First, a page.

Long QT Syndrome Medication
- Author: Ali A Sovari, MD, FACP; Chief Editor: Jeffrey N Rottman, MD more...
No treatment addresses the cause of long QT syndrome (LQTS). Antiadrenergic therapeutic measures (eg, use of beta-blockers, left cervicothoracic stellectomy) and device therapy (eg, use of pacemakers, ICDs) aim to decrease the risk and lethality of cardiac events.
As previously mentioned, the protective effect of beta-blockers is related to their adrenergic blockade, which diminishes the risk of cardiac arrhythmias. They may also reduce the QT interval in some patients. Beta-blockers used in patients with LQTS include the following:
Beta-Adrenergic Blocking Agents
Antiadrenergic therapy effectively protects most patients with long QT syndrome (LQTS). Beta-blockers, especially propranolol, are the drugs most frequently used in patients with LQTS. Inform patients and their family members that beta-blockers should be continued indefinitely. Interruption in beta-blocker therapy may increase the risk of cardiac events.
Propranolol decreases the effect of sympathetic stimulation on the heart. It decreases conduction through the atrioventricular (AV) node and has negative chronotropic and inotropic effects. Consult a cardiologist because dosing varies and is individualized in patients with LQTS. Patients with asthma should use cardioselective beta-blockers. Patients with LQTS who cannot take beta-blockers may require an ICD as first-line therapy.
Nadolol is frequently prescribed because of its long-term effect. This agent decreases the effect of sympathetic stimulation on the heart. Nadolol decreases conduction through the AV node and has negative chronotropic and inotropic effects. Consult a cardiologist because dosing varies and is individualized in patients with LQTS. Patients with asthma should use cardioselective beta-blockers. Patients with LQTS who cannot take beta-blockers may require an ICD as first-line therapy.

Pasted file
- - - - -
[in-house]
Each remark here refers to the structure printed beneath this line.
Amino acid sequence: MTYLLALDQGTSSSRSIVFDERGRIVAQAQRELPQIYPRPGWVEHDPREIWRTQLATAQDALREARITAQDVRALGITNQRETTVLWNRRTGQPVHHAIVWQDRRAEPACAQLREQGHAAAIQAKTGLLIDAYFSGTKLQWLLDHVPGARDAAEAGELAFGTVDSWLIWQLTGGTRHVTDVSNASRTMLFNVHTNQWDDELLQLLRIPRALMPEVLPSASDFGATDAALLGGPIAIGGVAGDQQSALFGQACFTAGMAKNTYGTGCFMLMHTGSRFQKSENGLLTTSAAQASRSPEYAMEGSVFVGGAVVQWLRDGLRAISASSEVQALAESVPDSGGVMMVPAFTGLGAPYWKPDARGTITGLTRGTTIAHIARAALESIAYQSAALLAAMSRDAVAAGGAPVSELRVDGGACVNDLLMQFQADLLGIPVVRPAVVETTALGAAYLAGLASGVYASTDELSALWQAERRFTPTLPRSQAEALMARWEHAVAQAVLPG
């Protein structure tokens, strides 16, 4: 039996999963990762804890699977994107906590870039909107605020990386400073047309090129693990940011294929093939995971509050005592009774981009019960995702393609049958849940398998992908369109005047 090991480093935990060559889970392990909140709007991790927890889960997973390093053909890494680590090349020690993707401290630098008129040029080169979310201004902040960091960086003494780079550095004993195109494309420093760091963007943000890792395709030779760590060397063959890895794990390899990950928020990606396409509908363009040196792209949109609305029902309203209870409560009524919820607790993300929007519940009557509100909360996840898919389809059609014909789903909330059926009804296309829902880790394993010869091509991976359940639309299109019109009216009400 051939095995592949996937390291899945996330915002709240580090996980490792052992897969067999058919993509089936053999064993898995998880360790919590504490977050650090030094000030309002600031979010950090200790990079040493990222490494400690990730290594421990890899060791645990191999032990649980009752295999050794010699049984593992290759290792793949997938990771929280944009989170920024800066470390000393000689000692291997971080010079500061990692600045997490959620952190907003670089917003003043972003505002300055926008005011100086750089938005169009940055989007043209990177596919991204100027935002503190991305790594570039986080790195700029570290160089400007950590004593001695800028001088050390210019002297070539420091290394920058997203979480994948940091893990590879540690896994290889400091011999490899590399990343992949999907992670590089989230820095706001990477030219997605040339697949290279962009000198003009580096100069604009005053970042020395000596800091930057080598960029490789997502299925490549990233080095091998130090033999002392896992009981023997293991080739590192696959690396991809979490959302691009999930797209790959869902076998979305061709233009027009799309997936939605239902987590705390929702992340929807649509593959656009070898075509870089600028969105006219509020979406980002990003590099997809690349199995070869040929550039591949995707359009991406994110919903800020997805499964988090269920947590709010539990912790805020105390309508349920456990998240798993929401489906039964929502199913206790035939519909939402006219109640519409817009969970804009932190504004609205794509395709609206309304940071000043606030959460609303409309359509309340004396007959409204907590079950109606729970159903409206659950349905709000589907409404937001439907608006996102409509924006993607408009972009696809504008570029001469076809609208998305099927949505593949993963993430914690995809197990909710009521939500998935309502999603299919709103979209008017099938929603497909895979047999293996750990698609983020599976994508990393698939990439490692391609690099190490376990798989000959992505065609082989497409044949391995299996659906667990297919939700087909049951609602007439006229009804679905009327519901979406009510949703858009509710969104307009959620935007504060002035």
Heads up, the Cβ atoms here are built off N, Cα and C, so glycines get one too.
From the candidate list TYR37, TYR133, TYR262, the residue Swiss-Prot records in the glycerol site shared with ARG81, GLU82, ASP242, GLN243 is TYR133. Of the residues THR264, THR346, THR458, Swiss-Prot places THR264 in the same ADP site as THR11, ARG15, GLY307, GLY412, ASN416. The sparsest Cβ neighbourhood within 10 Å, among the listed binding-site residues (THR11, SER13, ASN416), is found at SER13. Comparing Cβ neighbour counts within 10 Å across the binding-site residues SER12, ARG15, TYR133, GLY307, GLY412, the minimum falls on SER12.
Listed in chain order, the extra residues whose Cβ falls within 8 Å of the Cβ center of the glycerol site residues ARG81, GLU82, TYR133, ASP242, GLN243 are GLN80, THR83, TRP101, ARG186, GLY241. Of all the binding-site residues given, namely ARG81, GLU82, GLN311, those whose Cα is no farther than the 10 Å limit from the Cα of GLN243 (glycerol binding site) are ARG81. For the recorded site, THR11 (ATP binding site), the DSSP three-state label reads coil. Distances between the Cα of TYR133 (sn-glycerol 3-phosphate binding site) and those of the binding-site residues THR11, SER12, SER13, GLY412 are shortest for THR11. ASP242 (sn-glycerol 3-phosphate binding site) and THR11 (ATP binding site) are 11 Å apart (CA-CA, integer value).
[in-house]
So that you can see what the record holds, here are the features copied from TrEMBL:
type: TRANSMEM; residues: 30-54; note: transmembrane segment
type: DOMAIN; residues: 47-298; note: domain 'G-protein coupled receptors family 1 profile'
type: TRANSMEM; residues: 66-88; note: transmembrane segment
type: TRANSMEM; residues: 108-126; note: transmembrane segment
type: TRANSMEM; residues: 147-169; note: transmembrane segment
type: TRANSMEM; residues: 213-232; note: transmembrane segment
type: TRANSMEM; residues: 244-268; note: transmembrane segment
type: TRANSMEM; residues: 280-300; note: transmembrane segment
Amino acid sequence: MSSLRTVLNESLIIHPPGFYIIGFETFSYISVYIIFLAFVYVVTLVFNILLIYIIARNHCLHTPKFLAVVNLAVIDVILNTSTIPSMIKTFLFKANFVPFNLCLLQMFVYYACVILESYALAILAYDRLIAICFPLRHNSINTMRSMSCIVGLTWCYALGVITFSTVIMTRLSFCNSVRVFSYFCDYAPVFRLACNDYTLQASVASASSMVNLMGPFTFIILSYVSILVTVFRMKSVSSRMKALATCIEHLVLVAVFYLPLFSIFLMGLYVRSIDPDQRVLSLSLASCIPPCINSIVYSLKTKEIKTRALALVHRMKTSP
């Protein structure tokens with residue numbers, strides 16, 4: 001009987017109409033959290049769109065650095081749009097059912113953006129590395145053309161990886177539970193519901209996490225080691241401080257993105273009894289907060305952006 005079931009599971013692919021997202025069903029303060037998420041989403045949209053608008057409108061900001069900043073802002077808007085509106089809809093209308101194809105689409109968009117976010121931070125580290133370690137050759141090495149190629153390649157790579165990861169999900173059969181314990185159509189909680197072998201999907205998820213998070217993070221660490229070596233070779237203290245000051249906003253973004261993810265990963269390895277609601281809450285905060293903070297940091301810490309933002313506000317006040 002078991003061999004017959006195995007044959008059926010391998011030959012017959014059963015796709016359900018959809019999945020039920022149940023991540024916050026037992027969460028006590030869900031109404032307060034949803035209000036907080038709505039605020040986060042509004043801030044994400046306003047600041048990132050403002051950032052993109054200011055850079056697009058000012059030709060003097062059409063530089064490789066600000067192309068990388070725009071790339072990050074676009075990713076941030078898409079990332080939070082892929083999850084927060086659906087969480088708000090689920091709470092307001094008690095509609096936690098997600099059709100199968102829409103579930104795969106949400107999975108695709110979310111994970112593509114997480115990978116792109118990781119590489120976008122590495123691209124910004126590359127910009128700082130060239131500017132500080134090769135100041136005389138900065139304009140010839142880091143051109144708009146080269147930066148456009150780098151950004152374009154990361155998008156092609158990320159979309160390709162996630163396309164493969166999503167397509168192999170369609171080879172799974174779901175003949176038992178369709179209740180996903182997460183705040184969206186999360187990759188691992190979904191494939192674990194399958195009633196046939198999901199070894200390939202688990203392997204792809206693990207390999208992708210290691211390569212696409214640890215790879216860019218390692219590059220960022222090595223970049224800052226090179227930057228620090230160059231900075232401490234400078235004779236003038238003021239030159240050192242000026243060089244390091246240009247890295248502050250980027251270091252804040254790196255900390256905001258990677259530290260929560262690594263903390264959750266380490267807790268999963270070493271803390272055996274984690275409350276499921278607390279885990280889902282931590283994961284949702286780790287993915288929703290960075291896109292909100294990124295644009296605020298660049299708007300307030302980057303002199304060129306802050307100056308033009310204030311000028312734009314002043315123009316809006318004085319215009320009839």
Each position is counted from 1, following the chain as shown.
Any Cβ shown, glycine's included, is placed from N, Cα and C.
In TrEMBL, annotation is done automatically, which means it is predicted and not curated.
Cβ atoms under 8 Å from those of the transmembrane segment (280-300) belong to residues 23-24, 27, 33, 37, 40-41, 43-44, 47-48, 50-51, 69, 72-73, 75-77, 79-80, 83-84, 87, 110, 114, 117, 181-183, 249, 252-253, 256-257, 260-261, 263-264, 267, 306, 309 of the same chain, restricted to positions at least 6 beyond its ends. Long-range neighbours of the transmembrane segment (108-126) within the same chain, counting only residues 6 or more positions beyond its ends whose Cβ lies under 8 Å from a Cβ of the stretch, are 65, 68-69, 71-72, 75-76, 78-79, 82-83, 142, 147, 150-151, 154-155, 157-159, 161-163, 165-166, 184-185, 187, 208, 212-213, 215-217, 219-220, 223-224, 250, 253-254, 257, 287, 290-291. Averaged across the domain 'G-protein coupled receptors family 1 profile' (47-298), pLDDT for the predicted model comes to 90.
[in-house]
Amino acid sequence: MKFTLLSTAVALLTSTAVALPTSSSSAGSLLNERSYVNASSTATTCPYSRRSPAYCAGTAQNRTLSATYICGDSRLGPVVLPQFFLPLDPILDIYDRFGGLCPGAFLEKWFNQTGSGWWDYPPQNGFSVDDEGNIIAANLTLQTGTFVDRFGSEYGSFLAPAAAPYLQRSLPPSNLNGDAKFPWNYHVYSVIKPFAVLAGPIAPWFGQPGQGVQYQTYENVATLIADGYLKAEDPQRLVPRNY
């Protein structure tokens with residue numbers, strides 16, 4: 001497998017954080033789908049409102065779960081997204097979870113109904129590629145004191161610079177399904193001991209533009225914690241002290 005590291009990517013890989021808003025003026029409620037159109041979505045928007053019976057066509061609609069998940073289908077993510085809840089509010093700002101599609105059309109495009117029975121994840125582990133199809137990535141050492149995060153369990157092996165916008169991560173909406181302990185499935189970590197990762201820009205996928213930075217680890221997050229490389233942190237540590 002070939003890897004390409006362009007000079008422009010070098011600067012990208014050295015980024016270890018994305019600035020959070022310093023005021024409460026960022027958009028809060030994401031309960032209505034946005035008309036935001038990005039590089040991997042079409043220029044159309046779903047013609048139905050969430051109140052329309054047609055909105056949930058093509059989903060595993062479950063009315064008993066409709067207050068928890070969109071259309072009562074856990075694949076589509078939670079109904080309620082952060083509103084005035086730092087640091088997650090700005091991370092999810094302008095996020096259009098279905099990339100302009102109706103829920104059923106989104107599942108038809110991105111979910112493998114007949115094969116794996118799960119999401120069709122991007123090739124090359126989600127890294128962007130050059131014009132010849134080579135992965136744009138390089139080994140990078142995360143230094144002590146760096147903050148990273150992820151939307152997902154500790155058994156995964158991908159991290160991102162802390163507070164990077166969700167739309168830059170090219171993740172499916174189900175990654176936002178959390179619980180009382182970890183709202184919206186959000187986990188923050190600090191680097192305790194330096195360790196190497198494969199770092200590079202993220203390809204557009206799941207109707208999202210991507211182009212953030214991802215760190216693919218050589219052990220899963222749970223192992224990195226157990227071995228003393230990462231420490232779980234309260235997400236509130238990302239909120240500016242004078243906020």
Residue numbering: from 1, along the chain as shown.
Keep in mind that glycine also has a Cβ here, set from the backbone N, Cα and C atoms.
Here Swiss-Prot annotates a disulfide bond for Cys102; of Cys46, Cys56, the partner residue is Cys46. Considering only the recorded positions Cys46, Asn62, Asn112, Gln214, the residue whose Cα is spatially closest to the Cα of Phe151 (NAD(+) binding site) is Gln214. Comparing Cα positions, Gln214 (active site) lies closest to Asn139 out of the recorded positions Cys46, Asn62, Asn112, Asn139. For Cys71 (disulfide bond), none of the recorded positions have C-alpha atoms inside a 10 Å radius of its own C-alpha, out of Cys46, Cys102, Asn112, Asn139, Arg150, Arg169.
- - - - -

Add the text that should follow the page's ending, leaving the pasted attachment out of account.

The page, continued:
Metoprolol is a selective beta1-adrenergic receptor blocker that decreases the automaticity of contractions. During intravenous (IV) administration, carefully monitor blood pressure, heart rate, and ECG. Consult a cardiologist because dosing varies and is individualized in patients with LQTS. Patients with LQTS who cannot take beta-blockers may require an ICD as first-line therapy.
Atenolol selectively blocks beta1-receptors with little or no effect on beta2 types. Consult a cardiologist because dosing varies and is individualized in patients with LQTS. Patients with LQTS who cannot take beta-blockers may require an ICD as first-line therapy.
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|Type of LQTS||Chromosomal Locus||Mutated Gene||Ion Current Affected|
|LQT1||11p15.5||KVLQT1 or KCNQ1 (heterozygotes)||Potassium (IKs)|
|LQT2||7q35-36||HERG, KCNH2||Potassium (IKr)|
|LQT4||4q25-27||ANK2, ANKB||Sodium, potassium and calcium|
|LQT5||21q22.1-22.2||KCNE1 (heterozygotes)||Potassium (IKs)|
|LQT6||21q22.1-22.2||MiRP1, KNCE2||Potassium (IKr)|
|LQT7 (Anderson syndrome)||17q23.1-q24.2||KCNJ2||Potassium (IK1)|
|LQT8 (Timothy syndrome)||12q13.3||CACNA1C||Calcium (ICa-Lalpha)|
|JLN1||11p15.5||KVLQT1 or KCNQ1 (homozygotes)||Potassium (IKs)|
|JLN2||21q22.1-22.2||KCNE1 (homozygotes)||Potassium (IKs)|
|Findings on physical examination usually do not indicate a diagnosis of long QT syndrome (LQTS), though some patients may present with excessive bradycardia for their age, and some patients may have hearing loss (congenital deafness), indicating the possibility of JLN syndrome. Skeletal abnormalities, such as short stature and scoliosis are seen in LQT7 (Andersen syndrome), and congenital heart diseases, cognitive and behavioral problems, musculoskeletal diseases, and immune dysfunction may be seen in those with LQT8 (Timothy syndrome). Also perform the physical examination to exclude other potential reasons for arrhythmic and syncopal events in otherwise healthy people (eg, heart murmurs caused by hypertrophic cardiomyopathy, valvular defects).|
|Hinterseer et al found that increased short-term variability of QT interval, ie, STV(QT), in symptomatic patients with congenital long-QT syndrome (LQTS) could be a useful noninvasive additive marker for diagnostic screening to bridge the gap while waiting for results of genetic testing. This study is the first in humans to observe this association.|
|ECG findings *|
|450-459 in male patient||1|
|Torsade de pointes‡||2|
|Notched T wave in 3 leads||1|
|Low heart rate for age§||0.5|
|Family history ¶|
|A. Family members with definite LQTS#||1|
|B. Unexplained sudden cardiac death < 30y in an immediate family member||0.5|
|*In the absence of medications or disorders known to affect these electrocardiographic features.
†QTc calculated by Bazett's formula
§Resting heart rate below the second percentile for the age.
¶The same family member cannot be counted in A and B.
#Definite LQTS is defined by an LQTS score of more than 3 (≥4).
|Reference Range, s|
|Children and adolescents (< 15 y)||>0.46||0.44-0.46||< 0.44|